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Douglas Fir Hugelkultur

Trevor van Hemert
Posts: 11
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We live on Vancouver Island, where most of the trees are douglas fir. We have a good deal of these that have fallen and rotted on the forest soil over the last 100 years since this land has been logged last. I figured that the main reason to not use fir (since it doesn't rot well) is not valid if the wood is already very rotted.

The following picture is at about 70% of the final height of the hugelkultur. I erred very much on the side of taller rather than wider, since I expect to only tend this bed 4 or 5 times per growing season, since it's 50 miles north of my residence on my parents' 3 acres. I am hoping that the well-rotted wood will keep water through the summer months, which get far less rain here than the winter.

I've located the bed in a very wet low lying area, water flows 24/7 here during this part of the year. I dug down 1 foot which essentially created a pond up to ground level instantly. It will be interesting to see what happens to a hugelkultur that has its feet in water 6 months of the year.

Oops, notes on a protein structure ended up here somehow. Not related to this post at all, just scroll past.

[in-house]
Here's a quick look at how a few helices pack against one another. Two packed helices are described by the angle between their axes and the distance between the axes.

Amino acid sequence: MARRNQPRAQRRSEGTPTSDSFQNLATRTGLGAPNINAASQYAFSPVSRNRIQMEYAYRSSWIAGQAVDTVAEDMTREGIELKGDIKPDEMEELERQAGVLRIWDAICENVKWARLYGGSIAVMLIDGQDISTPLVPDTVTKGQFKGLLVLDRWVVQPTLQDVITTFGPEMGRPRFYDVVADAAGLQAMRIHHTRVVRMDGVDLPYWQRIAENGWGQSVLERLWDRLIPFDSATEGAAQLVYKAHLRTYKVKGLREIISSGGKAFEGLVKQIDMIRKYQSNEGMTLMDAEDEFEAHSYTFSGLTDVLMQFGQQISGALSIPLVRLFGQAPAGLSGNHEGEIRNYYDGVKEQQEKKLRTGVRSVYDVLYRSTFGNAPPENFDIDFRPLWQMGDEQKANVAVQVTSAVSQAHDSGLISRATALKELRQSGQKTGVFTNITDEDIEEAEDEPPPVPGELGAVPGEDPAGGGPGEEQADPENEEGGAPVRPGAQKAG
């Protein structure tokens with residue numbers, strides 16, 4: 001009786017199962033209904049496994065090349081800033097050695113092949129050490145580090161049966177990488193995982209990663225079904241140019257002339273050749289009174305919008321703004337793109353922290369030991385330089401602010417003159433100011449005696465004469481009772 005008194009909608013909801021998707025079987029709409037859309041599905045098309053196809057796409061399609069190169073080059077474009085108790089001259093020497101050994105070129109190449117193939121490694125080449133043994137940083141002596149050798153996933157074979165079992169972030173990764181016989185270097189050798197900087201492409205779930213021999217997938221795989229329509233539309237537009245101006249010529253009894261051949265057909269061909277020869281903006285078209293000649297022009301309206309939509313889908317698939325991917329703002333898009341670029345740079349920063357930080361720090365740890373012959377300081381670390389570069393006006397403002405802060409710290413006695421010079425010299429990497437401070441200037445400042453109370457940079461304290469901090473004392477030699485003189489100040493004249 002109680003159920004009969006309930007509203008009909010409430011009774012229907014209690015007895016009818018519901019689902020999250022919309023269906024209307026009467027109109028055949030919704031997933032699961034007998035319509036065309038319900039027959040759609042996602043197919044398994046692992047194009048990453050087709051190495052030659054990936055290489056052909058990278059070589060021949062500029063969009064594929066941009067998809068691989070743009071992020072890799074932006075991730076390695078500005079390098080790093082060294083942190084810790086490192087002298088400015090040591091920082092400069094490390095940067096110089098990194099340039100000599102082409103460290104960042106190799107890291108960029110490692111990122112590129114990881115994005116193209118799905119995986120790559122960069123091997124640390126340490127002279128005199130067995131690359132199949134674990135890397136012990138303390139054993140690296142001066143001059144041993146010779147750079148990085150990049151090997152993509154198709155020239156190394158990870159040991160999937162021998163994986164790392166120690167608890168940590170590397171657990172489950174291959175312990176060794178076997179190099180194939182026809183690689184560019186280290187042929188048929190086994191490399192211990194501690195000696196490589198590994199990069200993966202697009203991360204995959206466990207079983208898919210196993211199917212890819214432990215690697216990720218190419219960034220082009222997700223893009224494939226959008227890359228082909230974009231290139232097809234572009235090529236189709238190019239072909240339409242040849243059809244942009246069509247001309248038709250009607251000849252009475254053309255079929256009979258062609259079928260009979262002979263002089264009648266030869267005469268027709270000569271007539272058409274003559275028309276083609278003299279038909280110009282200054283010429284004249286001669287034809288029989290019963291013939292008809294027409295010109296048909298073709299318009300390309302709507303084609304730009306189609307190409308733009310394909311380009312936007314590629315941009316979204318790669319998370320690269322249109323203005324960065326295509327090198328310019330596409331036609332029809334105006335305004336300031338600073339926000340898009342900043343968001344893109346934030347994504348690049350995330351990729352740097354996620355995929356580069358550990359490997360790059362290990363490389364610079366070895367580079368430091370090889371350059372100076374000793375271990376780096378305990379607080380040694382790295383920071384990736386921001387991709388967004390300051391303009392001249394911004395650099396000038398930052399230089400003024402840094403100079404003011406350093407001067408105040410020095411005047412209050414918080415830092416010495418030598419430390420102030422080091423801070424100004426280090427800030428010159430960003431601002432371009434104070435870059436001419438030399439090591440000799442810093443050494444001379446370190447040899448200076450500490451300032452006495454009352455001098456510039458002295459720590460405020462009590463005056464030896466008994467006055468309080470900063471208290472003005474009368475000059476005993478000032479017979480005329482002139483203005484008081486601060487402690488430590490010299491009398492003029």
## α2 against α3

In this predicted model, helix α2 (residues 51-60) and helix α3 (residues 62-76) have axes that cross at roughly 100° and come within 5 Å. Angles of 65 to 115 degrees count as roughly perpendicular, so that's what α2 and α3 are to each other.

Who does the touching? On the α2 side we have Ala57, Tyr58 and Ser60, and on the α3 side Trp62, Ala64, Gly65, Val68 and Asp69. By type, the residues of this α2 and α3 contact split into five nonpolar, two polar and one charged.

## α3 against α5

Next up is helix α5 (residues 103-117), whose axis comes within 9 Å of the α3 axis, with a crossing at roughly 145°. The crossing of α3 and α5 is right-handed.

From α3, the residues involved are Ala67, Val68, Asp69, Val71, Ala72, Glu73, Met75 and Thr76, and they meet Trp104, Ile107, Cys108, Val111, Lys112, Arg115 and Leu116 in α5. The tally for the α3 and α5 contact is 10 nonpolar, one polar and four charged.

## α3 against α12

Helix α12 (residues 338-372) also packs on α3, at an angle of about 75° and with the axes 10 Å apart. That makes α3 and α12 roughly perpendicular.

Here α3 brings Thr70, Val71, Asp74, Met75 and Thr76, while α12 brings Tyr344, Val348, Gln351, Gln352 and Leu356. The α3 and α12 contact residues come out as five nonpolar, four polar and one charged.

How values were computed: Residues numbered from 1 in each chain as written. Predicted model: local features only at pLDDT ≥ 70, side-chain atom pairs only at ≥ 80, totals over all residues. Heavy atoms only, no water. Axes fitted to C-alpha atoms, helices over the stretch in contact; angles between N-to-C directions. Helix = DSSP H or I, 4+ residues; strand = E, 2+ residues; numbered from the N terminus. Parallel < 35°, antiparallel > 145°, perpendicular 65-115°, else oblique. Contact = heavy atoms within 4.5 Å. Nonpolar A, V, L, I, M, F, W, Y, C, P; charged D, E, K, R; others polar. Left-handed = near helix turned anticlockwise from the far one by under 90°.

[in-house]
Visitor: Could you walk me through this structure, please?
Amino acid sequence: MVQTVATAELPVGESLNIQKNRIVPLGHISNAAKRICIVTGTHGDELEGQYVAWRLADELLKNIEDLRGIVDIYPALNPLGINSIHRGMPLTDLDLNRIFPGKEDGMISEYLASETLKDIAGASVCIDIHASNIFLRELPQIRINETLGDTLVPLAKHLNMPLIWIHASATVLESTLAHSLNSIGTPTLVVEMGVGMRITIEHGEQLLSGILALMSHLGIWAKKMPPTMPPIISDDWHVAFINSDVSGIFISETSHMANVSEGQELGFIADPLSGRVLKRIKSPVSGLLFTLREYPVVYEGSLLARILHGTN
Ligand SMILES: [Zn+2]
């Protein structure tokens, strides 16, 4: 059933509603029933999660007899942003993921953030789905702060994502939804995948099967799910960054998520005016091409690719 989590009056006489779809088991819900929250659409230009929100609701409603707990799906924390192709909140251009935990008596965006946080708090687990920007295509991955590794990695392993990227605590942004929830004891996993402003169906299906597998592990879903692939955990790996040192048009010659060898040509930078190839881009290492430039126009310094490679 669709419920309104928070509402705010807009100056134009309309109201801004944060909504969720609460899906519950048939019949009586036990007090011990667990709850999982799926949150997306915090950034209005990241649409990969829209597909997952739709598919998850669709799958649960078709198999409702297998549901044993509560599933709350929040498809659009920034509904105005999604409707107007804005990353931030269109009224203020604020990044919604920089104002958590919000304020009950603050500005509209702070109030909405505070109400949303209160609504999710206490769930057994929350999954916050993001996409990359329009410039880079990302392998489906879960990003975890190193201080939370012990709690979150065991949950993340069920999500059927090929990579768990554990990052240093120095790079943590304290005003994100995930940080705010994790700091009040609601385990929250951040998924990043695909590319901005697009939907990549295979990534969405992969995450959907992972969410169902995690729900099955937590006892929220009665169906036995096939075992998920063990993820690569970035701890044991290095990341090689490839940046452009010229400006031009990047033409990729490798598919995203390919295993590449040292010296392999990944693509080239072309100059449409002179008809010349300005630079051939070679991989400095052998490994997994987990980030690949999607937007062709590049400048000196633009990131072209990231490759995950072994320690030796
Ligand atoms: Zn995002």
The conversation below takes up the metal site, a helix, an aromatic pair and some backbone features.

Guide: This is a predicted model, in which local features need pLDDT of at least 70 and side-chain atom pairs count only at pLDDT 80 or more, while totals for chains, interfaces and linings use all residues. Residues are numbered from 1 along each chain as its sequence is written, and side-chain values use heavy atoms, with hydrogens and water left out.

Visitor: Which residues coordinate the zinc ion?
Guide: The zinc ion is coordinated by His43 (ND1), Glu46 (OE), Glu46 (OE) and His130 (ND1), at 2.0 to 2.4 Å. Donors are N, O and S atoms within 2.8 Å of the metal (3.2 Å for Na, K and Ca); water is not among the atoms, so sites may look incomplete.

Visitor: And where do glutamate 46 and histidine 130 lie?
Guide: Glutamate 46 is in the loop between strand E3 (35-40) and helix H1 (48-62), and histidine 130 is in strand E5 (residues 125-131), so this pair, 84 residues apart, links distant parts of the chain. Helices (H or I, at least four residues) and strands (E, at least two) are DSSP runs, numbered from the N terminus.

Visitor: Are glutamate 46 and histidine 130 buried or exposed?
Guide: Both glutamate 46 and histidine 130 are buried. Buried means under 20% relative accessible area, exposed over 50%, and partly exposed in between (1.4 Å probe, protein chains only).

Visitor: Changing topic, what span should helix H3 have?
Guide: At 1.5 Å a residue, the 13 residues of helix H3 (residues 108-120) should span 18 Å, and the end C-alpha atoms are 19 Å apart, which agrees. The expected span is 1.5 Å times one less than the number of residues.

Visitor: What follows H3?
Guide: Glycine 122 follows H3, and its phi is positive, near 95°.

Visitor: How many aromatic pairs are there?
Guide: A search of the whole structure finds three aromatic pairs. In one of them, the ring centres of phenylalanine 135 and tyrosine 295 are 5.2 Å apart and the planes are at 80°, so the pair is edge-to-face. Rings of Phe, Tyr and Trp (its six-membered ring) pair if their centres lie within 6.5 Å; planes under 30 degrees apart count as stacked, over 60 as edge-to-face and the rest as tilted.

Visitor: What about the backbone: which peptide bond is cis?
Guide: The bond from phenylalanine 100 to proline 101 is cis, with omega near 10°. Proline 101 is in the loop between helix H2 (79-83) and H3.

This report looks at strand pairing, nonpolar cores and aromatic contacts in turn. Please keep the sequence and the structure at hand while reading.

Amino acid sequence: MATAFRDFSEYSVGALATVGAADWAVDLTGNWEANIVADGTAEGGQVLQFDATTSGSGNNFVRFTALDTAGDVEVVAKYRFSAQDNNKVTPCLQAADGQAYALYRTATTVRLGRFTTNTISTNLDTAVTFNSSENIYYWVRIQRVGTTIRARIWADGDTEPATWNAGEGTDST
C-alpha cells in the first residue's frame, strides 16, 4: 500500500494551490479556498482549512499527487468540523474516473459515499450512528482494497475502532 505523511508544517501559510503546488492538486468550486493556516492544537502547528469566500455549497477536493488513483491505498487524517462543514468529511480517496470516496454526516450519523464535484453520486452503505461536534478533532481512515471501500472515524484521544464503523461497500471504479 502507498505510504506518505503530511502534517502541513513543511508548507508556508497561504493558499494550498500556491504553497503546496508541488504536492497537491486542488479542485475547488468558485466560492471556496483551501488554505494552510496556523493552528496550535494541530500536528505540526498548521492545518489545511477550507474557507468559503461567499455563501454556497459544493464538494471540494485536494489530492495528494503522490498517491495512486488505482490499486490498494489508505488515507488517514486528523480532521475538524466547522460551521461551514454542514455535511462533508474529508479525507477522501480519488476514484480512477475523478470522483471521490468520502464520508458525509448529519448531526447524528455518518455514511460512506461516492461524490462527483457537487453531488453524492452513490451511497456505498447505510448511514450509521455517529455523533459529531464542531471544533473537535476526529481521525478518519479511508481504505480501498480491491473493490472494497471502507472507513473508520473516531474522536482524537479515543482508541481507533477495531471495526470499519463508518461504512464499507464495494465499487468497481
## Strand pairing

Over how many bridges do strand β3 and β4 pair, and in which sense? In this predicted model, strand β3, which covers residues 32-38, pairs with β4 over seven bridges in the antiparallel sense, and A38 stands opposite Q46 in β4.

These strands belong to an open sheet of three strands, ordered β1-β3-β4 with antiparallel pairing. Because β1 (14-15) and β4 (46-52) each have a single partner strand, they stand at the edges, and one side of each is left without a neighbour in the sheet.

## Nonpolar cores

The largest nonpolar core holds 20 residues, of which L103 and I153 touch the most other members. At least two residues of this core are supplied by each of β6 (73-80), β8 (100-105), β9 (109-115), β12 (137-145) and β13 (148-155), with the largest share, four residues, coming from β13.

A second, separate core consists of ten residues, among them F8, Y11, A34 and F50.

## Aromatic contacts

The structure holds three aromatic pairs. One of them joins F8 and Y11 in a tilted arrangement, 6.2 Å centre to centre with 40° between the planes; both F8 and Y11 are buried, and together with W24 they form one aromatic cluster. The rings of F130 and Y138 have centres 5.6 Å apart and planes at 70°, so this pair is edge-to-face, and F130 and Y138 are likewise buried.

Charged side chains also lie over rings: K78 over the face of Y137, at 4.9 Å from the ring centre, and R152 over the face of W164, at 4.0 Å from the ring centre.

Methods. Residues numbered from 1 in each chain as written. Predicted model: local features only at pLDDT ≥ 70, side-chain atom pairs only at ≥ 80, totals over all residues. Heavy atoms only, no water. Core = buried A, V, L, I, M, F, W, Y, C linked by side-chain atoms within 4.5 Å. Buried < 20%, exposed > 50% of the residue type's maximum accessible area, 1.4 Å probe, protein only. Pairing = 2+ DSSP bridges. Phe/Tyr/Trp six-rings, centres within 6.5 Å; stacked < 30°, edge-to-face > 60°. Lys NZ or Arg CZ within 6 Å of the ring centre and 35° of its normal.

Here we are dumping some gray clay on the hugelkultur. We have gray clay (almost blue) by the thousands of tons in this area. I am very much playing this by ear as far as design and materials go. The bed is probably 3 feet wide and 6 feet tall counting the part underground.

The tractor pictured here sunk into the mud all the way to the tops of the front wheels, since it is so wet here. We spent an hour digging it out and did not use it for the rest of the day.

Above is the completed hugelkultur bed. I layered with everything on the property I could get my hands on, in the following order: bluegray clay, a little sand, brown mud, charcoal from a burn pile (20% terra cotta from all the clay here), heavy chickenshit straw compost, paper feedsacks, dry straw from the property, more chickenshit straw mat, more dry straw, logs to keep the straw from blowing.

In the above picture, you can see the pool of muddy water from where we had to dig the tractor out. I'm leaving the pond there for now.

The chickens are always very excited when earth is being moved or torn up.

I hope to update this post in this thread as progress continues. I plan to grow indeterminant sauce tomatoes and possibly basil here.
I agree. Here's the link: https://richsoil.com/wood-heat.jsp
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